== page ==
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Going About it the Right Way
Gray's Reef researchers follow migratory whales
to document dwindling breed

Photo courtesy of Gray's Reef National Marine Sanctuary
Dedicated researchers spend long hours in the ocean observing
the habits of right whales in order to learn how to preserve the species.

By Margarita Venegas

(3/5/99 issue)

After weeks of uncertainty and slight concern, researchers of the National Oceanic and Atmospheric Administration caught sight of whale No. 1612 and her calf, only to lose her again, possibly forever.

The administration, which relied on efforts locally by Gray's Reef National Marine Sanctuary, the Georgia Department of Natural Resources and the Florida Department of Environmental Protection, started tracking the North Atlantic right whale by boat in late December. Aerial surveys, which started in 1994, take place on a staff availability schedule. Gray's Reef and the DNR rely on volunteers to fly grid patterns 750 feet above the water and search for any right whales.

Currently, there are an estimated 300 North Atlantic right whales, part of the diminishing family of right whales from the Pacific, Southern and Atlantic regions. The number of right whales is dwindling rapidly, down from approximately 1,000 several years ago.

Each year has seen a smaller number of mothers and calves in the waters off the Georgia and Florida coasts, making this year's observation and tagging efforts crucial to finding more information about what can be done to prevent right whale extinction, according to Gray's Reef Marine Educator Cathy Sakas.

This year only one whale, No. 1612, was tagged (the infant whales are left alone) and there were reports of one other mother/calf pair and a few other individual whales, said Sakas.

"Nobody wants to say that they are gone for good," Sakas said. "It could be they just haven't come down this far because of weather conditions."

The whales usually calve in the waters between Savannah and West Palm Beach, Fla., and should be on their way back home to colder northern waters now, according to Gray's Reef Planning and Outreach Coordinator Becky Shortland.

According to the National Oceanic and Atmospheric Administration, right whales got their name because whalers considered them the "right" whales to kill. Because they stay close to the surface and move slowly, they make ready targets.

The NOAA crew had been following No. 1612 and her calf by boat for 96 hours straight when storm conditions made them head back to shore. When they returned, they could not find her, even with the implanted radio transmitter, which is about the size of a human thumb.The last official sighting of No. 1612 was Jan. 29, although boaters reported another sighting to Gray's Reef a few days later.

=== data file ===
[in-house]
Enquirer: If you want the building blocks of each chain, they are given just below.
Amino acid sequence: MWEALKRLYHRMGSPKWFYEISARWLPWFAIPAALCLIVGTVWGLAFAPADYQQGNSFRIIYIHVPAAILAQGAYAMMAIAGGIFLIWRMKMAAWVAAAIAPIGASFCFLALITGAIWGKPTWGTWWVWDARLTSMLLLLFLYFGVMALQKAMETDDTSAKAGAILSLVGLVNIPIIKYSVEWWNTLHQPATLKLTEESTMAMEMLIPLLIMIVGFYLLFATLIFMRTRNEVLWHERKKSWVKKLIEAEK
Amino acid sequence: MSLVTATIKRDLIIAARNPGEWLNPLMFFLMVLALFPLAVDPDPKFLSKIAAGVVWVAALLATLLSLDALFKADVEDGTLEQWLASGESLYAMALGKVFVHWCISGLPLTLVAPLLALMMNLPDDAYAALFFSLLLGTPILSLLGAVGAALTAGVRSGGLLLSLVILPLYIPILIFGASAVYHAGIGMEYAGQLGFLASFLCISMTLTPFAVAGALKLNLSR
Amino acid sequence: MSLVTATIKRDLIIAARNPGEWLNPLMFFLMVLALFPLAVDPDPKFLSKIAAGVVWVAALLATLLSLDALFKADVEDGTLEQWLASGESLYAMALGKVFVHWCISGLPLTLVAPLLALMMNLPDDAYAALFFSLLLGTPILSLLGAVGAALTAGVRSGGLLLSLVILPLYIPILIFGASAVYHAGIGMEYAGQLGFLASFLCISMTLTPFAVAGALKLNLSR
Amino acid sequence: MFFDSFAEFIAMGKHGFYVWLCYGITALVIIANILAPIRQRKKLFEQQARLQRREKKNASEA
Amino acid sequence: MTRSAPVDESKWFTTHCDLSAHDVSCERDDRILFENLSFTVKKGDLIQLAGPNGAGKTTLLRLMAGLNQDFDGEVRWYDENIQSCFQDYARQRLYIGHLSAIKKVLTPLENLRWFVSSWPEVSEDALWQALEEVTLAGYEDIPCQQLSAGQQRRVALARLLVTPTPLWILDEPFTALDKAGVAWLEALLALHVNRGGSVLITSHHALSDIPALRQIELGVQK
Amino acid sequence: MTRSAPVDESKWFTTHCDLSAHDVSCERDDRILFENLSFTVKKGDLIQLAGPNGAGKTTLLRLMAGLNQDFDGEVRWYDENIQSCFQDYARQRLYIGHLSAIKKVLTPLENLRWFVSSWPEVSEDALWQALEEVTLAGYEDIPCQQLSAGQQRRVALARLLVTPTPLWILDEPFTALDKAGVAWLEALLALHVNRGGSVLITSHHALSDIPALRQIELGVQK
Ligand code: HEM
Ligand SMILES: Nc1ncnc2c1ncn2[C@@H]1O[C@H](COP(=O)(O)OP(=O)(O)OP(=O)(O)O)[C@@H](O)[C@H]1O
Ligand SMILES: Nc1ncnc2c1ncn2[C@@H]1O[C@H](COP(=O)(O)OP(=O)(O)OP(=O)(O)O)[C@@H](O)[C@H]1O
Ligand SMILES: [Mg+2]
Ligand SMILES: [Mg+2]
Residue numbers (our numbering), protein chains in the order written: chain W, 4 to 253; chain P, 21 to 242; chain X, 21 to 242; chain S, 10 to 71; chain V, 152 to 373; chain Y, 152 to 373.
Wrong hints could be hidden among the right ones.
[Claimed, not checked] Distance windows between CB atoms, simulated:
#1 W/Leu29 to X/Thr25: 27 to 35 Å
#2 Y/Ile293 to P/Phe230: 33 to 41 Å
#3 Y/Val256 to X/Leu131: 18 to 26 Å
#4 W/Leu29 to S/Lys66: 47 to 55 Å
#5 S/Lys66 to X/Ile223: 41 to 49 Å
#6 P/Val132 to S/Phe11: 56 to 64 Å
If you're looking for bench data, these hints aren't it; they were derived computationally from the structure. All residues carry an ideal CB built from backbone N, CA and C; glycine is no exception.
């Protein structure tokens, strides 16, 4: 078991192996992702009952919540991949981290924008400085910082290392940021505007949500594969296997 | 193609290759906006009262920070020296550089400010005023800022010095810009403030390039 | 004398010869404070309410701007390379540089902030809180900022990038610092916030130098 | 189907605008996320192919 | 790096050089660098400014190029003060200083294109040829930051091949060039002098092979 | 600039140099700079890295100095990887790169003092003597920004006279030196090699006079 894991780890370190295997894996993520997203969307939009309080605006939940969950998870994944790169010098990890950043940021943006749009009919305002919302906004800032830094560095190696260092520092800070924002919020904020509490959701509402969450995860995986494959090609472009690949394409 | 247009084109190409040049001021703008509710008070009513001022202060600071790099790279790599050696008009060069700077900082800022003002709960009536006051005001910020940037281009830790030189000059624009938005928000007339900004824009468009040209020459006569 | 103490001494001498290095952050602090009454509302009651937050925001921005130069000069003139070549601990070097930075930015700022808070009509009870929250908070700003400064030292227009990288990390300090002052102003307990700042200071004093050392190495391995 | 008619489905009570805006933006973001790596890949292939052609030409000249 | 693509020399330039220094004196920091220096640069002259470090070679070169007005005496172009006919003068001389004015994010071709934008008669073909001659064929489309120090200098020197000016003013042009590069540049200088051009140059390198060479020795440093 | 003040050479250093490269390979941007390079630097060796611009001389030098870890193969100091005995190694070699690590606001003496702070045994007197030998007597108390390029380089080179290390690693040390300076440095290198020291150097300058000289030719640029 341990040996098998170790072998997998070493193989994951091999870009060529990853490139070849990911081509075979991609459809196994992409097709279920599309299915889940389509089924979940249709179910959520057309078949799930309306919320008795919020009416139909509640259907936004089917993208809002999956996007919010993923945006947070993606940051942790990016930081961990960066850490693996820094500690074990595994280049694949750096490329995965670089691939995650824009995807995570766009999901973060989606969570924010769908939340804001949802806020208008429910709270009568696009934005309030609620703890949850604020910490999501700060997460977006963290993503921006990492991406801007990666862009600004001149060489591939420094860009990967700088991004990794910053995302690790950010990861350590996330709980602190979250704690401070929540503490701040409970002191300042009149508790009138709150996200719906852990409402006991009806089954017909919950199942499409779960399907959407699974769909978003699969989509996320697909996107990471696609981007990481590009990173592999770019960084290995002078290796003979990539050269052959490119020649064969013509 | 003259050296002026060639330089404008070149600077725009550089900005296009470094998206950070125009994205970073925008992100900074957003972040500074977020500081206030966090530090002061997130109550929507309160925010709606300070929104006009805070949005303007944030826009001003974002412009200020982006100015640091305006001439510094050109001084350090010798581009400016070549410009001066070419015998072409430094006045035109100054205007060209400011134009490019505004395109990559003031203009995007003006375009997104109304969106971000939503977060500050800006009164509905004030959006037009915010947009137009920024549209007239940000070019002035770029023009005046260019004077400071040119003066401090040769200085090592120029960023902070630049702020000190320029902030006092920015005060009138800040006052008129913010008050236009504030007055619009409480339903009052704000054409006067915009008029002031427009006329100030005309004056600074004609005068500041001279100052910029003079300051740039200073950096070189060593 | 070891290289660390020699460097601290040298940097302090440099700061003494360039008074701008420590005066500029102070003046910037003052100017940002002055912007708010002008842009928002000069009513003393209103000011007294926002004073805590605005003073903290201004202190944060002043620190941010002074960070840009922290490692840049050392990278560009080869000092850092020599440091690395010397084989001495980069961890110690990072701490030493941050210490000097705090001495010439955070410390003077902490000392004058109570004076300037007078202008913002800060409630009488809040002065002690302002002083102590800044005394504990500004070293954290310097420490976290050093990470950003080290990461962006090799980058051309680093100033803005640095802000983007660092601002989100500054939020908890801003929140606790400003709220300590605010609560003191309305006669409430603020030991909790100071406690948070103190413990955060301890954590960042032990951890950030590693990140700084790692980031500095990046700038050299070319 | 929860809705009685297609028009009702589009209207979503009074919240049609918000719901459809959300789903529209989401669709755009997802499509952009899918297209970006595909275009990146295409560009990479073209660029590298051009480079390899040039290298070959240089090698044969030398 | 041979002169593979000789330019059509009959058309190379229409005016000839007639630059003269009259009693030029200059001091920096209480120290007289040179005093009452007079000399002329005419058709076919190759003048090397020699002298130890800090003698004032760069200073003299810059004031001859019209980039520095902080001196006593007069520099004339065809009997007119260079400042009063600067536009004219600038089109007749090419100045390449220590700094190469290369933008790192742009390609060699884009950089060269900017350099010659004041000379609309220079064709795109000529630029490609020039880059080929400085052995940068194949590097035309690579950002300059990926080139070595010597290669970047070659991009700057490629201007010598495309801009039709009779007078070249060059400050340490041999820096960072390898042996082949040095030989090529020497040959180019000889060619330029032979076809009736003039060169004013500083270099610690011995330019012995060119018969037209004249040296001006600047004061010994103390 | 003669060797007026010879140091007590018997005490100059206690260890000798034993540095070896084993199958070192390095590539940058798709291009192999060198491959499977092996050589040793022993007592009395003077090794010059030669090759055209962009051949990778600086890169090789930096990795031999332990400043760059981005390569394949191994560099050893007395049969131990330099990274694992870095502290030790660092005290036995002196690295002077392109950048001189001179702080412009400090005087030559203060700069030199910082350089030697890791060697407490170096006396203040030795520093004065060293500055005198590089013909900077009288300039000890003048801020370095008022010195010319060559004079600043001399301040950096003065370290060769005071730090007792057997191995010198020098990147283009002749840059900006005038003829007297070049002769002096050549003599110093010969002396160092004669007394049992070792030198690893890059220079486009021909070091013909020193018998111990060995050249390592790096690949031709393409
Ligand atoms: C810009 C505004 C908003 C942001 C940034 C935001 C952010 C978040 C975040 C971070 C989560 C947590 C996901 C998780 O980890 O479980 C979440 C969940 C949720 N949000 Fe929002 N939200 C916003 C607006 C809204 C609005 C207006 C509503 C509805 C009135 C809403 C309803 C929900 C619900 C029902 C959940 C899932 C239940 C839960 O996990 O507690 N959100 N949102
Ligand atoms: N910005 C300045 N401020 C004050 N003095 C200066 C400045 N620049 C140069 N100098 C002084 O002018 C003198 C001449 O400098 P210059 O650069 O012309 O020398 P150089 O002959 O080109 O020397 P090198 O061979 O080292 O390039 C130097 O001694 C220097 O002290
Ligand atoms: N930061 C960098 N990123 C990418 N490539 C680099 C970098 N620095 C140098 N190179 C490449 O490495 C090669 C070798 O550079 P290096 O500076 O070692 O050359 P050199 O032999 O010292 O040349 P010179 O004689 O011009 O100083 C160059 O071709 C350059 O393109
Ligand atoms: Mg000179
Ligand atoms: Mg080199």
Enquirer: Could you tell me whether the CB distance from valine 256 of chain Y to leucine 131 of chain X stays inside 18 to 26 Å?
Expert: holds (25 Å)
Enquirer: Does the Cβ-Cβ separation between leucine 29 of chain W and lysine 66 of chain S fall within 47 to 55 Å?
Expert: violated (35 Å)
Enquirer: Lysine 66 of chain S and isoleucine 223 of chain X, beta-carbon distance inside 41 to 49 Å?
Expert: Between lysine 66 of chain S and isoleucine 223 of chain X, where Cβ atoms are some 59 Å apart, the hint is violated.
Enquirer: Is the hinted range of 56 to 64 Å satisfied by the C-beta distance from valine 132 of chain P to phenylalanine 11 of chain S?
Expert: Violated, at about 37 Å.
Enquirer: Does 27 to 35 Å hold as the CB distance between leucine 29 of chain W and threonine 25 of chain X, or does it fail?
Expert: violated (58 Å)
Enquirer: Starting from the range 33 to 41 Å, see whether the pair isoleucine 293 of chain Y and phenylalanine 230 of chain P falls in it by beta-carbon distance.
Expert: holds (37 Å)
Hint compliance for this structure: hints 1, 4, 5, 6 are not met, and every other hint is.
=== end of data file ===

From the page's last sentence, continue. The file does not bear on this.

"They said they saw her basically in the Gray's Reef area, off the coast of the island," said Marine Operations Coordinator Bruce Cowden.

Right whales are easily distinguishable because of a pattern that looks like barnacles attached to the top part of the whales' head. Loose flaps of skin attract a parasite, which breeds and forms a distinct pattern on the whales' head, this can be used to "fingerprint" the animal, Sakas said. They reach between 50-60 feet in length, have no dorsal fin, a large head, baleen, a narrow upper jaw and a strongly bowed lower jaw.

Unfortunately, their anatomical restrictions cause the whales to be slow swimmers, and their ever-dwindling numbers are due in large part to deaths from run-ins with large military and cargo ships, Cowden said.

Because right whale calves must gain about 200 pounds a day to get a thick enough layer of blubber to survive in the cold ocean waters, they often must continue feeding into the night. In the dark, ships don't have a chance to see the whales and calves, Cowden said.

"The whales can get scooped up by these ships and basically snapped in half, then they just slide back into the ocean," he said.

Sakas did a necropsy (a whale autopsy) on one that was killed in this manner, and found that on the surface, the whale seemed to be fine. Once she and fellow researchers got past the whale's blubber, they found bruising and a crushed clavicle.

Although the observation team, which was led by researchers from New England Aquarium and NOAA's Fisheries Service Office of Protected Resources, got to spend only four days watching No. 1612's behavior patterns before she disappeared, they learned much, said Sakas. With the observation officially ended, the team can now document what they saw and use it to try to figure out more ways to protect the whales.

"One of the things that came out of the observation was that there was constant contact between the mother and calf," Sakas said. The whales almost seemed to play, with the 15-ft. (and constantly growing) infant calf rolling over its mother and tagging along behind her, she said. "We just wanted to better observe the interactions because we didn't have any data on that. Even though we have a small amount of information, it's very good."


To learn more about the right whale, visit the NOAA's right whale Web site at To report a right whale sighting, go to or call Gray's Reef National Marine Sanctuary at 598-2345.

For a right whale video, handout and poster for educational use go to



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